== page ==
In a March 2011 Tennis magazine article, Tom Perrotta asserted, “In tennis, technique is vastly overrated.” That will go down as the six most foolish words ever written in tennis history. They will also prove the most damaging to any inexperienced players who believe them.
Technique alone does not make a champion or even a world-class player. First-rate athleticism, superb fitness, mental strength, sound strategy and a burning desire to improve are also necessary. But without excellent technique—strokes, grips and footwork—you’re handicapped, particularly against elite opponents.
Exhibit A is the disjointed and uncoordinated second serve of Venus Williams. The seven-time major winner committed seven double faults, including a costly one in both tiebreakers, in her 7-6, 7-6 loss to No. 7 seed Angelique Kerber in the Olympics third round. In the first-set tiebreaker, Venus’s overly flat forehand also erred twice. Stroke breakdowns often occur when the pressure is greatest.
Exhibit B is the Jo-Wilfried Tsonga’s backhand. Unlike Novak Djokovic who prevailed 6-1, 7-5 in the Olympics quarterfinals, the slower French veteran fails to plant his feet early and correctly to drive through the ball with the requisite stability and balance. As a result, his shots are sometimes rushed and wildly erratic. Tsonga’s volley technique is also defective. Hit with too much underspin, his volley lacks power and penetration. Despite his athleticism, size and strong serves and approach shots, Tsonga wins far fewer points at net than he should.
Exhibit C is Caroline Wozniacki’s weak second serve, which Serena Williams pummeled mercilessly in her 6-0, 6-3 rout over the 22-year-old Dane in the Olympics quarterfinals. While her technique is correct, Wozniacki’s serve lacks racket head speed to produce enough power and spin. The Wozniacki forehand, the least effective of any top-ten player, is seldom hit faster than medium speed and seldom produces winners because it also lacks racket head speed. Not surprisingly, far more aggressive Serena dictated the overwhelming majority of points and blasted 30 winners to only seven for Wozniacki.
Exhibit D is Andy Murray’s relatively weak forehand. The Big 3—Roger Federer, Djokovic and Rafael Nadal—have much superior forehands, though the gap has narrowed this year, thanks to coach Ivan Lendl’s insistence that Murray become much more aggressive, particularly on mid-court balls. Murray tends to swing low to high too much, which produces a loopy shot that lacks power. Like Wozniacki, his swing also needs more racket head speed to generate more power. Finally, the cautious Murray directs way too many shots (predictably) crosscourt. “If Andy had a better forehand down the line, he would have won a Grand Slam by now,” former world No. 6 Wayne Ferreira, who possessed a terrific forehand, told The Daily Telegraph (UK).
Exhibit E is Federer’s stylish but relatively weak one-handed backhand. Will it be able to handle big first serves and come through on crucial passing shots? Or will it break down somewhat as it did against Djokovic at the Australian Open and Nadal at the French Open this year?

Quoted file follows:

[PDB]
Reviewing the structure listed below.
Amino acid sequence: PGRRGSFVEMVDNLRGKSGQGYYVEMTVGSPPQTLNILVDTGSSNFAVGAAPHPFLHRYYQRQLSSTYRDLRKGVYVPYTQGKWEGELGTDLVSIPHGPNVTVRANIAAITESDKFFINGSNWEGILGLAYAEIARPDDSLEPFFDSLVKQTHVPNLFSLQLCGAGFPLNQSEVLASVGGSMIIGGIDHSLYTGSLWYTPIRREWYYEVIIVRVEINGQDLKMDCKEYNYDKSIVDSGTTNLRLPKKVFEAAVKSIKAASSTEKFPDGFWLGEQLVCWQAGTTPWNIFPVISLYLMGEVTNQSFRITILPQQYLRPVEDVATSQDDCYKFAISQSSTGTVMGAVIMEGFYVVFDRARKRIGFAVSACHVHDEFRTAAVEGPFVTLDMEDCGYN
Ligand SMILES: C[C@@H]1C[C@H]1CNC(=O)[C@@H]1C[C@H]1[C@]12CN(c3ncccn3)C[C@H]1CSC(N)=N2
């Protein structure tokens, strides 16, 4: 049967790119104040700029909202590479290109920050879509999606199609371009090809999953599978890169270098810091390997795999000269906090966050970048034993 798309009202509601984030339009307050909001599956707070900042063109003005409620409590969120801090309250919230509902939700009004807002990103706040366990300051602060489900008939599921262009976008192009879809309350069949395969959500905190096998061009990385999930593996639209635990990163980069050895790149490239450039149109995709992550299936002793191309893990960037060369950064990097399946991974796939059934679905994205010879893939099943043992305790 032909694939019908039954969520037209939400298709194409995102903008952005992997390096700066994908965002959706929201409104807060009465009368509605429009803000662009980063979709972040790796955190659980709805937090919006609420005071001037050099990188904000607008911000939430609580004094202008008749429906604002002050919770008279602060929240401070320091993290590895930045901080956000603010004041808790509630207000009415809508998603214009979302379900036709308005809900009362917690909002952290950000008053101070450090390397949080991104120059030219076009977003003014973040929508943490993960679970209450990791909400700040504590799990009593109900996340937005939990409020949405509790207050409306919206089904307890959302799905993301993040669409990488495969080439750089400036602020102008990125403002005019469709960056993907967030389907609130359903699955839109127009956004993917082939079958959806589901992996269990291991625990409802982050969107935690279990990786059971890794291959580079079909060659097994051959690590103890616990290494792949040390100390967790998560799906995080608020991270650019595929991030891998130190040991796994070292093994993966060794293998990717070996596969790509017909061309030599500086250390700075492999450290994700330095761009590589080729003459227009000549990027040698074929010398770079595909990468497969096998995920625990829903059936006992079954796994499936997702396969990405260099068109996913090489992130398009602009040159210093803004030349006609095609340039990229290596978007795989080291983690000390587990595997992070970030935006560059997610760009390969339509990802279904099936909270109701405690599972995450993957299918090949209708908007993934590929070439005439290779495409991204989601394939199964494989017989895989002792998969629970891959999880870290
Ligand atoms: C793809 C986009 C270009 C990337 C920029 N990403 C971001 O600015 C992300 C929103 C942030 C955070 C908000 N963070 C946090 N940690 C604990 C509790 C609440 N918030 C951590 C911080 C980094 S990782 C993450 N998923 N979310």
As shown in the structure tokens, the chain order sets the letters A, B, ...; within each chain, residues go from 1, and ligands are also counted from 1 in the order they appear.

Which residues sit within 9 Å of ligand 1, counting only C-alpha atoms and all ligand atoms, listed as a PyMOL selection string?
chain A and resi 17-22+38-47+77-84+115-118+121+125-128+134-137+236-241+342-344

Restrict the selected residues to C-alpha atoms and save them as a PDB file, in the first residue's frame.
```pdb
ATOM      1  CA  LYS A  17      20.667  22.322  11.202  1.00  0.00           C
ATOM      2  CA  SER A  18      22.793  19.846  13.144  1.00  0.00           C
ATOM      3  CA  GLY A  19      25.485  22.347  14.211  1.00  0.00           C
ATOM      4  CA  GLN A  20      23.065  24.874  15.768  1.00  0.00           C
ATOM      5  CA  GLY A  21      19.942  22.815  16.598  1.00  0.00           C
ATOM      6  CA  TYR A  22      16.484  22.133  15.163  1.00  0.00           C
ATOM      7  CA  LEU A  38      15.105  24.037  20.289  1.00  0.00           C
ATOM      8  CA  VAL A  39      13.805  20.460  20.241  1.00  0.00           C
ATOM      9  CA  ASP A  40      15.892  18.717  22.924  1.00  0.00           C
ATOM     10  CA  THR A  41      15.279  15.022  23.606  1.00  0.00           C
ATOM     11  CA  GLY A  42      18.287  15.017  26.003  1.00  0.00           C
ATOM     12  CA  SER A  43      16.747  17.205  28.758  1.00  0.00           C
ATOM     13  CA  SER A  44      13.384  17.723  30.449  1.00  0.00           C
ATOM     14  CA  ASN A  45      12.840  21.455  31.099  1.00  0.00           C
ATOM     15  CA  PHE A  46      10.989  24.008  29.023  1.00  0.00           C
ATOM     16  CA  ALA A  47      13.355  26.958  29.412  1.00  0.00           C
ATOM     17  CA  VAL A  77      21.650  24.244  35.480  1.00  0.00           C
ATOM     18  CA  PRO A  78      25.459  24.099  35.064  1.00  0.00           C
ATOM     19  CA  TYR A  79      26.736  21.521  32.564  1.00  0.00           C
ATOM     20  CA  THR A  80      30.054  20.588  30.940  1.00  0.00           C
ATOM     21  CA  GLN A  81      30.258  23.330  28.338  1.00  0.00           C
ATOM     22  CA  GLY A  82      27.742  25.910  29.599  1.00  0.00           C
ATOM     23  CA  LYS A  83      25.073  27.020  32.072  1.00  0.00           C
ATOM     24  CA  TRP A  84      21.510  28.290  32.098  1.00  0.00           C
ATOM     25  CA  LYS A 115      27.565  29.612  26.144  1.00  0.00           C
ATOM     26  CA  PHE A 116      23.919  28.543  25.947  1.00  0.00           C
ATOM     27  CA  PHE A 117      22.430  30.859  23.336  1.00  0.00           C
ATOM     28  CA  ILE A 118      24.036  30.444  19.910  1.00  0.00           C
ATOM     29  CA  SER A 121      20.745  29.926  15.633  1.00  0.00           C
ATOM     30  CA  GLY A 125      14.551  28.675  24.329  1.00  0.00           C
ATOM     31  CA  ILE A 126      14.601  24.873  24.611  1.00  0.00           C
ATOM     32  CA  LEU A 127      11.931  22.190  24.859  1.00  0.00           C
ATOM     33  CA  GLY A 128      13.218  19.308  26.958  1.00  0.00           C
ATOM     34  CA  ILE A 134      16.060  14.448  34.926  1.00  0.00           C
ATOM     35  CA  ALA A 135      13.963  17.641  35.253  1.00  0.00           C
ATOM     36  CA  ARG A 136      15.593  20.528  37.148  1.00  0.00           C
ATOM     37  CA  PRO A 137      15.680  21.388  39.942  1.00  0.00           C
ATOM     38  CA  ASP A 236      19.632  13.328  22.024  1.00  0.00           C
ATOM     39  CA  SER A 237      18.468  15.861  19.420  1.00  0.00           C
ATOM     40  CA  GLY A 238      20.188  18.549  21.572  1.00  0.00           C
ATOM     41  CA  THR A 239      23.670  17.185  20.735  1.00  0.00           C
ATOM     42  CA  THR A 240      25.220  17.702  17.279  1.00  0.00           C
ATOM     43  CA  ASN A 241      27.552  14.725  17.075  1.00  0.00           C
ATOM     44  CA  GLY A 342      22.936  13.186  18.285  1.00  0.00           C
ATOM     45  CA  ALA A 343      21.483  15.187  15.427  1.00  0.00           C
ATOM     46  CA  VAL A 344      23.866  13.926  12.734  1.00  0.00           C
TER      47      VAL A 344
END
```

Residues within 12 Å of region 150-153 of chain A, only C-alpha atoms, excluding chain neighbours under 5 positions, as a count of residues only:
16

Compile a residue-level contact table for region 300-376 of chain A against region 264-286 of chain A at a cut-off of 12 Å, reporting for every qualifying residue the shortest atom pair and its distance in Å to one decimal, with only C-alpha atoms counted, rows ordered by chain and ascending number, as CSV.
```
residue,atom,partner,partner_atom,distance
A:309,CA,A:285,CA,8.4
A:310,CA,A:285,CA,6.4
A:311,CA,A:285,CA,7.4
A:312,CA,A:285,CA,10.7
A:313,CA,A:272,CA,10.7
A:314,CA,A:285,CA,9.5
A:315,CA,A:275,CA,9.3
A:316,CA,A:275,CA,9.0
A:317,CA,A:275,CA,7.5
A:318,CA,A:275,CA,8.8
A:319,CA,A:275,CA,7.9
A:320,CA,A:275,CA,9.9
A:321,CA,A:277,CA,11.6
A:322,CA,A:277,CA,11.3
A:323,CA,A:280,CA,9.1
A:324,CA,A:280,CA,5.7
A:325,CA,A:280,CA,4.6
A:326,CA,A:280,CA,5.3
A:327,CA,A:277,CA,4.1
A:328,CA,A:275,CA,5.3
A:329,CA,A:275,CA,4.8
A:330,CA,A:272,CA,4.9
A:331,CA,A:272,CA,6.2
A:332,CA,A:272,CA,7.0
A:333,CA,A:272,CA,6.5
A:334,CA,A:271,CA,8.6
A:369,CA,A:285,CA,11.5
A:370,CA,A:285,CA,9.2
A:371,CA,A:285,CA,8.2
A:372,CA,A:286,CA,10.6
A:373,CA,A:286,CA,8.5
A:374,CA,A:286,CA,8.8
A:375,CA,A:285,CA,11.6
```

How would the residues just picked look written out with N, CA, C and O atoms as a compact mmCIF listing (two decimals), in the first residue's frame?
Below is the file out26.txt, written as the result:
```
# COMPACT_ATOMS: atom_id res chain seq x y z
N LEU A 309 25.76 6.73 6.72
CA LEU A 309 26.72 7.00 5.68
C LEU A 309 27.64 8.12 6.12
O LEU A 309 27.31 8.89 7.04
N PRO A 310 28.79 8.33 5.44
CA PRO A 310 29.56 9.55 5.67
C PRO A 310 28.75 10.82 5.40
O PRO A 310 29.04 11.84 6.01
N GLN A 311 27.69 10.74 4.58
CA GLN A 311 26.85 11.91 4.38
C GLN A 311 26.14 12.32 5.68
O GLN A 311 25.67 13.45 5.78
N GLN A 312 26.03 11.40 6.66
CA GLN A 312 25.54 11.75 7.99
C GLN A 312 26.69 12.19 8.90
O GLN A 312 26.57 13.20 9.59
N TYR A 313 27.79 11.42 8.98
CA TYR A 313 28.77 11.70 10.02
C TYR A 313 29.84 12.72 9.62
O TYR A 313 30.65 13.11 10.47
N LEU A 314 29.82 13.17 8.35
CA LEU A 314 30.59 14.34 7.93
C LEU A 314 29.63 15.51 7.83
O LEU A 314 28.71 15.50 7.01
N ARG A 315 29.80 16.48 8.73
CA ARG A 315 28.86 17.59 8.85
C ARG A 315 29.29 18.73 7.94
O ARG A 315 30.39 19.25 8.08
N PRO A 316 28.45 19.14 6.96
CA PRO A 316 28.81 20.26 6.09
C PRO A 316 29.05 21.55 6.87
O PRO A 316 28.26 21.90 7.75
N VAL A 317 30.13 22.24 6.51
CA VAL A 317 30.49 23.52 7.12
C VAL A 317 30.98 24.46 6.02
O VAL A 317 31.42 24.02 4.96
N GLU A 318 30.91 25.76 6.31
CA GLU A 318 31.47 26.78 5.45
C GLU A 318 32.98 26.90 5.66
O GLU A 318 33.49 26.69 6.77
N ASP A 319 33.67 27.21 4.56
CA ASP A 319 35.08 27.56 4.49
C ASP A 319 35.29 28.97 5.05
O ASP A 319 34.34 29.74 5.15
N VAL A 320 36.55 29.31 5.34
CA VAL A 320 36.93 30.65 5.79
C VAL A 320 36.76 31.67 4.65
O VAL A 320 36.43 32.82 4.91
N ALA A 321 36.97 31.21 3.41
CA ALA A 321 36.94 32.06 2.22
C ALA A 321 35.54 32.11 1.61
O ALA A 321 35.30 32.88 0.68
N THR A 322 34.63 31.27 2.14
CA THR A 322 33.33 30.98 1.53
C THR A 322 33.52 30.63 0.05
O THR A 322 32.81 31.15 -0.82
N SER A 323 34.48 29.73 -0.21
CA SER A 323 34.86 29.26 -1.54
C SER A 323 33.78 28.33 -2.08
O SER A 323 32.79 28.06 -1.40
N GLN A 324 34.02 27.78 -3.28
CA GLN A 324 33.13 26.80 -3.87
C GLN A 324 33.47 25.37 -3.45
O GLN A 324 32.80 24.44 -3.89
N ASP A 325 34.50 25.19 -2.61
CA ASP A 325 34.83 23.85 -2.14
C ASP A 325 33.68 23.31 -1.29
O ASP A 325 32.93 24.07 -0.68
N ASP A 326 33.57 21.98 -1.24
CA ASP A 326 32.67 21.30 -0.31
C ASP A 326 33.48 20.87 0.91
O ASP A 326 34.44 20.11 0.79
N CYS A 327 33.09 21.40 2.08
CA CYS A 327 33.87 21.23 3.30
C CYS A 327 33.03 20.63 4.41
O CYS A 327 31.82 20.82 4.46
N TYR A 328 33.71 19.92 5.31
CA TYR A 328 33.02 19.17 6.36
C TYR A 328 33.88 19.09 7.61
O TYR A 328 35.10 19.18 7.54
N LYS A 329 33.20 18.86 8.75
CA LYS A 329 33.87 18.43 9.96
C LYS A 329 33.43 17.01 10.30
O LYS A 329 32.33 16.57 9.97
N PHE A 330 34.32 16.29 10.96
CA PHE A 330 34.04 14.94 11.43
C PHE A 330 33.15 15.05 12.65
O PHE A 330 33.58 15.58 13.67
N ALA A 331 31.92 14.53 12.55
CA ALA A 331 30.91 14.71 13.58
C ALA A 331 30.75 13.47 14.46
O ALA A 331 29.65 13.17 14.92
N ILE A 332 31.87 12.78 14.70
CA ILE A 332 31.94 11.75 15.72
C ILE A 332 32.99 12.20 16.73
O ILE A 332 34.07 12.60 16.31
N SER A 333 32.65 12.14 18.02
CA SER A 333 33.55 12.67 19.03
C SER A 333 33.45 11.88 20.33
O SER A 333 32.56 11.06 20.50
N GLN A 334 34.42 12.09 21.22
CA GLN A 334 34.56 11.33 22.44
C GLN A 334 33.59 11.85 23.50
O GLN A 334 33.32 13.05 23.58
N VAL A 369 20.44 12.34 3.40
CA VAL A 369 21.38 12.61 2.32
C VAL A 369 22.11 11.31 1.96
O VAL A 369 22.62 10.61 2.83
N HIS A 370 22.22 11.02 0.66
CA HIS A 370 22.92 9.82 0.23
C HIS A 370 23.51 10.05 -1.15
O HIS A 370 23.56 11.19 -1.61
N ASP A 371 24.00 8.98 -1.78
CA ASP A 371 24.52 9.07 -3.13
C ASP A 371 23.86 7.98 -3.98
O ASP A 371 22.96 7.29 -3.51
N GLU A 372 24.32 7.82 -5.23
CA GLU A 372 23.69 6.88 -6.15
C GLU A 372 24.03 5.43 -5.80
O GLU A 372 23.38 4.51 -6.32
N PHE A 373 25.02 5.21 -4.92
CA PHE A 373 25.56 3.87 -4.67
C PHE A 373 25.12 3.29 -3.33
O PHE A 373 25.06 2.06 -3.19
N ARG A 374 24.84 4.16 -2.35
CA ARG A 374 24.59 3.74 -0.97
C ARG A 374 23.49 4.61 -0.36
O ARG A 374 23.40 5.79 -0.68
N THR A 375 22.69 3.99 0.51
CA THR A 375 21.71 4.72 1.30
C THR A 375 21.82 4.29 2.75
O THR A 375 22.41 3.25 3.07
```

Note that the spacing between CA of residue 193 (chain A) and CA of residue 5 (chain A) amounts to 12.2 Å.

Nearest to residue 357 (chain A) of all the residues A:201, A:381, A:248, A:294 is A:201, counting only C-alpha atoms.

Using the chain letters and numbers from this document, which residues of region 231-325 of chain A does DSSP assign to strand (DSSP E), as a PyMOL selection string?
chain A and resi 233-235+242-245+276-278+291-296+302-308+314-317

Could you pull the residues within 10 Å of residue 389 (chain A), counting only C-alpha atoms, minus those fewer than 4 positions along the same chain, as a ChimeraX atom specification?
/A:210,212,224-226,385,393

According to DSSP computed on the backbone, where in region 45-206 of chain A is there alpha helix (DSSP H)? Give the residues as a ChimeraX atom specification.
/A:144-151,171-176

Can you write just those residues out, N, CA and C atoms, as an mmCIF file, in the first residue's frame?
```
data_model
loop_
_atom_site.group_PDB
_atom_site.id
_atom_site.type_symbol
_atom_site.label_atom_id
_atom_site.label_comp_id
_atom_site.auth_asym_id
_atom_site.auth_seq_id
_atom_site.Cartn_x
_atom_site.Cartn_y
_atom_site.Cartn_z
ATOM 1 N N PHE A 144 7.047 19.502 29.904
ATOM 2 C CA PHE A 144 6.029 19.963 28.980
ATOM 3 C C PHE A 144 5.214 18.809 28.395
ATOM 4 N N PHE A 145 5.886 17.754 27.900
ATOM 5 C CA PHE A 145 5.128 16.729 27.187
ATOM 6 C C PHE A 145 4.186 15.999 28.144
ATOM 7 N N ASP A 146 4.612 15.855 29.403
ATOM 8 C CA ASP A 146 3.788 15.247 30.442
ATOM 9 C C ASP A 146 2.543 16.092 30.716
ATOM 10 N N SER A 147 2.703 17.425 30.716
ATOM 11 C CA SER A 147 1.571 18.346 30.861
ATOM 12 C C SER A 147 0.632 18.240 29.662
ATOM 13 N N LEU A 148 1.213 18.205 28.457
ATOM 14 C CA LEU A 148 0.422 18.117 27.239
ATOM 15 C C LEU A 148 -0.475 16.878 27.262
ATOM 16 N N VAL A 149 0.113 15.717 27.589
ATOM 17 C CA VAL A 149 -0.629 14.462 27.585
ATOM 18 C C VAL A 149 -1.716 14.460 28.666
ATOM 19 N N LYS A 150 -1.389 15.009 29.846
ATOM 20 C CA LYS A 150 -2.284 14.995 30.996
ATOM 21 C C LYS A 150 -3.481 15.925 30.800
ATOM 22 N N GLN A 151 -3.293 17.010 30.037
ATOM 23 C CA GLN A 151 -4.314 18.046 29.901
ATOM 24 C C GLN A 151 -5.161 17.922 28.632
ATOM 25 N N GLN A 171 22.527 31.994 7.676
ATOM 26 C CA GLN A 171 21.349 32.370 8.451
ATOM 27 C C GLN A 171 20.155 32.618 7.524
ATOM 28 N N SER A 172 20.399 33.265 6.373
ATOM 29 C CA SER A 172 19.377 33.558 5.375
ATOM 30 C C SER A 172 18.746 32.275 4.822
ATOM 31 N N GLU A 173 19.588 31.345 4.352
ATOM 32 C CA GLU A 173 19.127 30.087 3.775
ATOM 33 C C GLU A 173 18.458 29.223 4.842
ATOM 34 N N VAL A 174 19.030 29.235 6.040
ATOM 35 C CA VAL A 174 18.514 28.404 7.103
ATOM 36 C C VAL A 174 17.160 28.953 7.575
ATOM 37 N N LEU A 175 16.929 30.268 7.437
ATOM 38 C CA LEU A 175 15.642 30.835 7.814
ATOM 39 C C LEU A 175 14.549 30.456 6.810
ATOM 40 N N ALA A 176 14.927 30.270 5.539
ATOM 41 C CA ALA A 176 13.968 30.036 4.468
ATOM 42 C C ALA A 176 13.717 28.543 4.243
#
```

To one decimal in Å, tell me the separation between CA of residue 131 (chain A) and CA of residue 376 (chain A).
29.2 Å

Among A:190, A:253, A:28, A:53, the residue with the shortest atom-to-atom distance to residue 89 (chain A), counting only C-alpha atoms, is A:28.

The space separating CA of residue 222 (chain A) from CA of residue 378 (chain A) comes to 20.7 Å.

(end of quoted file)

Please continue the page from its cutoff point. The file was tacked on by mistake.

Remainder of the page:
In the four Olympic singles semifinals, superb technique abounds. Federer, Djokovic, Murray and Juan-Martin del Potro all boast terrific first serves with great rhythm and fluidity. Djokovic’s backhand is picture perfect in terms of footwork, stroking and timing. Federer’s versatile forehand both sets up and finishes points better from every place on the court than anyone else ever has in tennis history. Djokovic’s return of serve off both sides both defuses power from 125 mph and faster first serves and attacks slower and poorly placed serves.
Australian Open champion Victoria Azarenka and French Open winner Maria Sharapova possess flawless, highly grooved backhand technique. Their semi-closed stances enable them to drill powerful but controlled backhands equally well crosscourt or down the line. They hit through the ball so purely that they rarely mis-hit it. The Serena serve, both aesthetically beautiful and technically perfect, ranks as the greatest of all-time among the women.
“In the modern game, with the enormous increase in speed and spin, great technique is paying even bigger dividends,” points out former world No. 4 Gene Mayer. “Poor technique is far more apparent and easily exploited.”
At every level of tennis, technique is more important than ever. In many matches, the player with superior technique prevails because of that crucial advantage. Let’s see if that happens in the Olympics semis and finals.
Paul Fein has received more than 30 writing awards and authored three books, Tennis Confidential: Today’s Greatest Players, Matches, and Controversies; You Can Quote Me on That: Greatest Tennis Quips, Insights, and Zingers; and Tennis Confidential II: More of Today’s Greatest Players, Matches, and Controversies. Fein is also a USPTA-certified teaching pro and coach with a Pro-1 rating, former director of the Springfield (Mass.) Satellite Tournament, a former top 10-ranked men’s open New England tournament player and No. 1-ranked Super Senior player in New England.
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